Dressed in an all-black ensemble, the young royal, seven, opted to embellish the left side of her wool Ancar coat with a stunning diamond brooch in the shape of a horseshoe.
WATCH: Prince George and Princess Charlotte walk between their parents at Queen's funeral
The small but poignant accessory, which is Charlotte's first piece of significant jewellery, appeared to be a gentle nod to her 'Gan Gan' who adored horses. Indeed, the late monarch was known for her passion for both horses and horse racing and had her first riding lesson at the age of three.
In a recent interview, broadcaster Clare Balding revealed the sweet reason behind the Queen's love of horse racing. Speaking on the BBC during the Queen's final journey from Northolt to Buckingham Palace, Clare said: "The Queen's passions were horses and dogs.
Charlotte donned a diamond horseshoe brooch
"Racing was the passion she shared with the public. The Queen loved to go to the stables to see horses on gallops in the morning and talk to all the grooms."
Beyond the saddle, the monarch moreover established herself as a veritable racehorse breeder. Numbering around 180, the Queen's horses and ponies are kept at various royal residences and stables, with many sharing a base at Balmoral and Sandringham.
Many of her thoroughbreds have gone on to win impressive titles, and in 2013 she even made sporting history when she became the first reigning monarch to win Royal Ascot's Gold Cup with her thoroughbred, Estimate.
The young royal was accompanied by her brother Prince George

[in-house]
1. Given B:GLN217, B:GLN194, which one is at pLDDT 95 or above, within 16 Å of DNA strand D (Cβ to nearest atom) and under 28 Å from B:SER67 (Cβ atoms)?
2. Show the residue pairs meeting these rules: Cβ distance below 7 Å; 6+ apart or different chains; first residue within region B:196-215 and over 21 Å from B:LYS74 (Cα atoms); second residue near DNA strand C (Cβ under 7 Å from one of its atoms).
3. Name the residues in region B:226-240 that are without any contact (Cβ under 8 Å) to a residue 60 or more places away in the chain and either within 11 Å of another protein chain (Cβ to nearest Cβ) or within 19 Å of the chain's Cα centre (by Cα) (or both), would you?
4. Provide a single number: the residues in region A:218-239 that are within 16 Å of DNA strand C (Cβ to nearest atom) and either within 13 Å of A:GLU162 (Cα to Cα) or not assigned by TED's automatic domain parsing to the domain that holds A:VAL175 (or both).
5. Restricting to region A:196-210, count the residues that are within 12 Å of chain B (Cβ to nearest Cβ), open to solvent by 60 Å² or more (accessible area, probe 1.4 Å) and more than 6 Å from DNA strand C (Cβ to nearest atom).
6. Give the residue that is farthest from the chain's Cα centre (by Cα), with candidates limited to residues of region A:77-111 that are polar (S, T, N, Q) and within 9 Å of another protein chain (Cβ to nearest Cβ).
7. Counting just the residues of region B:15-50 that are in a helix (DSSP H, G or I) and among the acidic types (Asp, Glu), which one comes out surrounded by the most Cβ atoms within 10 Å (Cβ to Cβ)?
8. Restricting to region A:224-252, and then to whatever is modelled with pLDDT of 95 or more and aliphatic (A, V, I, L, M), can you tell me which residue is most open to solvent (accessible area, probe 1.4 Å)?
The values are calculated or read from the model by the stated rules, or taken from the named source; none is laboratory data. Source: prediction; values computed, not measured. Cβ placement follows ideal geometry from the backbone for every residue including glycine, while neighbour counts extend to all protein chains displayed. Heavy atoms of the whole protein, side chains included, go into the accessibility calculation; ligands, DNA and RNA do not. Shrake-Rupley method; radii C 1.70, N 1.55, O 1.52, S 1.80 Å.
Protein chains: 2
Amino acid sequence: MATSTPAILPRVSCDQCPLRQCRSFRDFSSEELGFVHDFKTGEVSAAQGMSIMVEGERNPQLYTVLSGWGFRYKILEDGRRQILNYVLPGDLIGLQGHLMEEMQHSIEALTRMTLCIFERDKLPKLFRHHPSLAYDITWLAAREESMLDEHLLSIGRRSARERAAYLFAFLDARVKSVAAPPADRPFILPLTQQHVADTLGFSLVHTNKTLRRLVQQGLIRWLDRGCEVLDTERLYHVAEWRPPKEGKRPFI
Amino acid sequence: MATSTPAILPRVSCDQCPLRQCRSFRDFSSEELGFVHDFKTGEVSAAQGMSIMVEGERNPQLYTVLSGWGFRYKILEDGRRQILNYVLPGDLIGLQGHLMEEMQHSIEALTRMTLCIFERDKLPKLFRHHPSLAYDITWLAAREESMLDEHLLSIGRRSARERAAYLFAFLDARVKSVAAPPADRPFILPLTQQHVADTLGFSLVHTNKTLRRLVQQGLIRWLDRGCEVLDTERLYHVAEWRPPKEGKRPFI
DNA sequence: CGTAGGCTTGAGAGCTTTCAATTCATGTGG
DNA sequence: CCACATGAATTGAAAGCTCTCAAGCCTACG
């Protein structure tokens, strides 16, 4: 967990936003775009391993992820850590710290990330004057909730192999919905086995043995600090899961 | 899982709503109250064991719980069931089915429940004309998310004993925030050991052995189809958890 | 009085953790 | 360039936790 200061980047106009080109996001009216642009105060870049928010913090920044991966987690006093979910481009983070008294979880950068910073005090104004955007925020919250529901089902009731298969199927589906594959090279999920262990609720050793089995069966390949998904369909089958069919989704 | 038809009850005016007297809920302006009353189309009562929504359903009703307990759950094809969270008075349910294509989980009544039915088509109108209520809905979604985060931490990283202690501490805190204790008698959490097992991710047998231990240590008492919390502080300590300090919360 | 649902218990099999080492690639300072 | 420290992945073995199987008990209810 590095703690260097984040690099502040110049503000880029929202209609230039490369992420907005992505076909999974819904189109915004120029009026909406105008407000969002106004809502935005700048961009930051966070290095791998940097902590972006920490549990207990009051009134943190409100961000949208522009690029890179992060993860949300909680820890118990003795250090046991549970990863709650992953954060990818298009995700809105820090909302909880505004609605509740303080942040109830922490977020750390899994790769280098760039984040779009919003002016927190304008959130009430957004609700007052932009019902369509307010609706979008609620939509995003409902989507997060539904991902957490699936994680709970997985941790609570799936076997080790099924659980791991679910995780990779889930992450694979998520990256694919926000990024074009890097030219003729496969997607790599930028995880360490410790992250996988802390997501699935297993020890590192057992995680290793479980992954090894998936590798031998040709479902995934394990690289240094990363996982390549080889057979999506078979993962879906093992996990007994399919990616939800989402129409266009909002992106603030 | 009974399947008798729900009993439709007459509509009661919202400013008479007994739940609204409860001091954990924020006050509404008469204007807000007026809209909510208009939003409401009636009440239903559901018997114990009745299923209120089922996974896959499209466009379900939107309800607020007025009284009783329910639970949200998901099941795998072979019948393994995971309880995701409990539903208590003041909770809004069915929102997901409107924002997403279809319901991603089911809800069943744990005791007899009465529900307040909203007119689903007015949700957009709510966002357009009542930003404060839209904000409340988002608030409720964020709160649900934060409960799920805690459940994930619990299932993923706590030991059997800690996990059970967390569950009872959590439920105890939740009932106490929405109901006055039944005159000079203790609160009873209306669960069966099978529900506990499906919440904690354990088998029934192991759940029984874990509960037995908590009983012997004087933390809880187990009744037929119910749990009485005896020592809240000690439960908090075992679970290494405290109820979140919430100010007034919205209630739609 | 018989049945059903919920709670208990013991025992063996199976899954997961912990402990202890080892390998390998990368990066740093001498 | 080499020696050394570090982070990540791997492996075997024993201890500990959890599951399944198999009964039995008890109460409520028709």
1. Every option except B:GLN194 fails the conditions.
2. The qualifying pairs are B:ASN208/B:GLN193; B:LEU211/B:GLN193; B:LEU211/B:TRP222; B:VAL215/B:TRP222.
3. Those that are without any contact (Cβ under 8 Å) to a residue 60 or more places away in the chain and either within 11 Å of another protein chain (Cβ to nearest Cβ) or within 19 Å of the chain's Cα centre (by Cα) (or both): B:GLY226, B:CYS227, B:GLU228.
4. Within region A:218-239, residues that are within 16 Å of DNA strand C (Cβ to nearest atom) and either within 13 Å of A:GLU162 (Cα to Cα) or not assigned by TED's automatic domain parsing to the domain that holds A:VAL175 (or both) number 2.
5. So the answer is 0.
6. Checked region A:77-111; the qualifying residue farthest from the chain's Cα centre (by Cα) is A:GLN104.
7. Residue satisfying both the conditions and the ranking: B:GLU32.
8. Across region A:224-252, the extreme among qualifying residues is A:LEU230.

Charlotte's sweet tribute to Her Majesty comes after the royal family reunited at Westminster Abbey on Monday morning to pay their respects at Queen Elizabeth II's funeral.
Arriving alongside her mother, the Princess of Wales, the young royal was spotted holding her mother's hand as she entered Westminster Abbey.
Princess Charlotte walked by her mother's side
Also in attendance were the likes of the Queen's heartbroken children King Charles III, Prince Edward, Prince Andrew and Princess Anne, and her grandchildren Prince William, Prince Harry and Peter Phillips, who walked behind the coffin as part of the funeral procession.
After the service, the coffin will be taken in procession from Westminster Abbey to Wellington Arch and then travel to Windsor.
Once there, the hearse will travel in procession to St George's Chapel at Windsor Castle via the Long Walk, after which a televised committal service will take place inside the chapel.
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